Are they trying to catch users off guard??? Or they jst trying an explicit way to know what has happened and for them to publish.
Technology is available for users to realize a distributed social network and own their data. There is no need to depend on an external party.
congrats, officially best title for an article. ever.
Great headline and analysis, Om.
I agree that the fact that this move does nothing about the collection of the data is problematic. It essentially brushes the real privacy issues under the rug.
Beacon CAN be really powerful, in a way that’s meaningful for both me and my social network. But the way it was done made it look like purely a data grub for marketers, with little direct benefit to consumers.
I was using other applications to pull in my reviews from Yelp, shared items from Google Reader, etc. on to Facebook before Beacon existed. That worked great because it was my choice.
To be fair they did put in the limitations on the news feed that everyone wanted, I.E. you could tell Facebook what to publish and what not to. that qwelled the tide, because it was enough to appease privacy concerns (the site was still handeling data internally)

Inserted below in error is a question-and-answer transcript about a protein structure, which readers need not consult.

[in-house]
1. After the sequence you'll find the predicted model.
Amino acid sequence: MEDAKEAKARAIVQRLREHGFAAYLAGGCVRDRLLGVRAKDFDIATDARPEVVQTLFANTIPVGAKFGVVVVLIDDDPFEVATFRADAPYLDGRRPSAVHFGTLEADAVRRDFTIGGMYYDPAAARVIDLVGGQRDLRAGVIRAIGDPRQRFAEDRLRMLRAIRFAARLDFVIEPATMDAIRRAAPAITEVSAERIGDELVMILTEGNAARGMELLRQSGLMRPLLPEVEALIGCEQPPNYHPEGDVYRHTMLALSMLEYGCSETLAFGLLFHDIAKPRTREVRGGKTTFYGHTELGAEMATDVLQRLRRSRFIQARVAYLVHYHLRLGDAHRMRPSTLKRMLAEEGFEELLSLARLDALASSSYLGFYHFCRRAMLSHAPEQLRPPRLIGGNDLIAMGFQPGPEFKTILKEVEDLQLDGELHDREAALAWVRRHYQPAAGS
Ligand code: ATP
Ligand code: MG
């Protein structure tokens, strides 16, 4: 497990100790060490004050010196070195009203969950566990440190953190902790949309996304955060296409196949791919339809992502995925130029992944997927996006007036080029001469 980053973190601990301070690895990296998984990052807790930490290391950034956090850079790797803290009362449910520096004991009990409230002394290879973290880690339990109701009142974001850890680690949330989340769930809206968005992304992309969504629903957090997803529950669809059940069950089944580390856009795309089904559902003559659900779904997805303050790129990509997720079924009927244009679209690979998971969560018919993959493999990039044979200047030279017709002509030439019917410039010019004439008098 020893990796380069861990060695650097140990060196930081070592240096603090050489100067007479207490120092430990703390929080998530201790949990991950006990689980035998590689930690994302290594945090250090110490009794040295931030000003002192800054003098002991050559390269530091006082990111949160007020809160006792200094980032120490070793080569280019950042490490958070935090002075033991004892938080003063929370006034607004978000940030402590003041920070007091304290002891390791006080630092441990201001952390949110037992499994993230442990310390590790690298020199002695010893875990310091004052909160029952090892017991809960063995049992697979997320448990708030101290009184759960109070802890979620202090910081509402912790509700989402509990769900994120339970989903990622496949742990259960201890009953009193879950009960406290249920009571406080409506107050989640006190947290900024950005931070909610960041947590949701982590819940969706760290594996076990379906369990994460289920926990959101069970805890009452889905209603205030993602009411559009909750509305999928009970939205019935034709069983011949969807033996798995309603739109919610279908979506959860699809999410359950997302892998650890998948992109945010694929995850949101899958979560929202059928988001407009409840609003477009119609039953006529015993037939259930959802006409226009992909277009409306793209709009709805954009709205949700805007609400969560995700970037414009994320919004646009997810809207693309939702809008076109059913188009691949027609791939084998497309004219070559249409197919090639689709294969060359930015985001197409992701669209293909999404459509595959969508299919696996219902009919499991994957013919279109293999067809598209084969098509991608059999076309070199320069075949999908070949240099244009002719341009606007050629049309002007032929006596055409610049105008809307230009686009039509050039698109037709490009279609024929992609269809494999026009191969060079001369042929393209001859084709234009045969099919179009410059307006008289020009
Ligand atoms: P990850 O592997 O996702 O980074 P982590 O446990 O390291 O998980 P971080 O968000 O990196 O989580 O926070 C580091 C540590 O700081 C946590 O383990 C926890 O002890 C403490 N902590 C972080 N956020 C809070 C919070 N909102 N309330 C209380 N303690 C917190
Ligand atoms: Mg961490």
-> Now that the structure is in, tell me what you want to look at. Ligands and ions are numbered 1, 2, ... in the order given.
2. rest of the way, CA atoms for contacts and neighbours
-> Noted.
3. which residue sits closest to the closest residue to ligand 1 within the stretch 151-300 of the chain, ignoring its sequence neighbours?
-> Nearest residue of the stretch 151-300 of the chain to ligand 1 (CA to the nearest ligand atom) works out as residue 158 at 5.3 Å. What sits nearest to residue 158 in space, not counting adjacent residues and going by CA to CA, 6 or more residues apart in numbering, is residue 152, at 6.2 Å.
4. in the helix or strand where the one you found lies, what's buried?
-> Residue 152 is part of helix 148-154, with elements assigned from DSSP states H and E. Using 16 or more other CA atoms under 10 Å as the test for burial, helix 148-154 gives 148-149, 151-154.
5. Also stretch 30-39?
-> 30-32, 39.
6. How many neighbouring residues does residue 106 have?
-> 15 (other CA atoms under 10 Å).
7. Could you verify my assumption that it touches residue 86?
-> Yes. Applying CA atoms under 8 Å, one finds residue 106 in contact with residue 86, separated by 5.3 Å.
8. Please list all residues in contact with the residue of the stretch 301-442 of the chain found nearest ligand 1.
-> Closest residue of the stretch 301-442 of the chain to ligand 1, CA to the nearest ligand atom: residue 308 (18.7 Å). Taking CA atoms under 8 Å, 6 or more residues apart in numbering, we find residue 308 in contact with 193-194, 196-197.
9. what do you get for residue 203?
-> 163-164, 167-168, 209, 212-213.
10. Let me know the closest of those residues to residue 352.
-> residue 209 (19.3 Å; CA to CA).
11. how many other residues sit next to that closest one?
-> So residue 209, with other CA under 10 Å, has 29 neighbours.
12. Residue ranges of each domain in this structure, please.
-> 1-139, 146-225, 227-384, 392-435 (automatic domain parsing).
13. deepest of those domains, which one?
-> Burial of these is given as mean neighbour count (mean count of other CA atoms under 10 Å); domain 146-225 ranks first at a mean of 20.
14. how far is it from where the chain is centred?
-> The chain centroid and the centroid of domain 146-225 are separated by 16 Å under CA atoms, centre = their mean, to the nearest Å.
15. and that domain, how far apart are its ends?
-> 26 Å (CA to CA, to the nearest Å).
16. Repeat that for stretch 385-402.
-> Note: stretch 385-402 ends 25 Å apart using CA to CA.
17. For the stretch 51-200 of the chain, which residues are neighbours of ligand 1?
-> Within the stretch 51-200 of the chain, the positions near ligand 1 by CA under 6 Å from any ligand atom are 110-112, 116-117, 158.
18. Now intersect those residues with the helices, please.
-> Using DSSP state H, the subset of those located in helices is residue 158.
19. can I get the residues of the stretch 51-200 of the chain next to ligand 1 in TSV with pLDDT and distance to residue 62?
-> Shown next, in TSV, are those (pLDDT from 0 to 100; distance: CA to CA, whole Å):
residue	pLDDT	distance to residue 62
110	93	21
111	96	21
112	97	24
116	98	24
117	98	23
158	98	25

This is the same issue over again for most people, a a few of us are also sketched out that we know that facebook is collecting information even if we opt out of the postings on the wall.
So they’re using cookies + Beacon to collect my shopping history? To tell the truth, I think it’s damn bold. Other companies out there are collecting the clickstream wisdom of crowds. FB will be able to collect the actual purchases + reviews of the crowds. With the user-provided demographics, this purchase information will be pure gold for Facebook. FB can use it for better targeting of ads on FB, as the best behavioral targeting ad network ever built or as market data for marketers.
My only concern is that they keep this information anonymous and/or aggregated. No personally identifying info exposed outside of FB.
Well, as long as Facebook has to make money out of the user data, you won’t be able to solve this problem. Fortunately, there is now a social network called Kaioo (http://www.kaioo.com/), which is funded by donations. All incomes are donated as well. The network has no interest in selling user data, because it doesn’t has to earn money. Maybe you should check this out as an alternative to Facebook & Friends…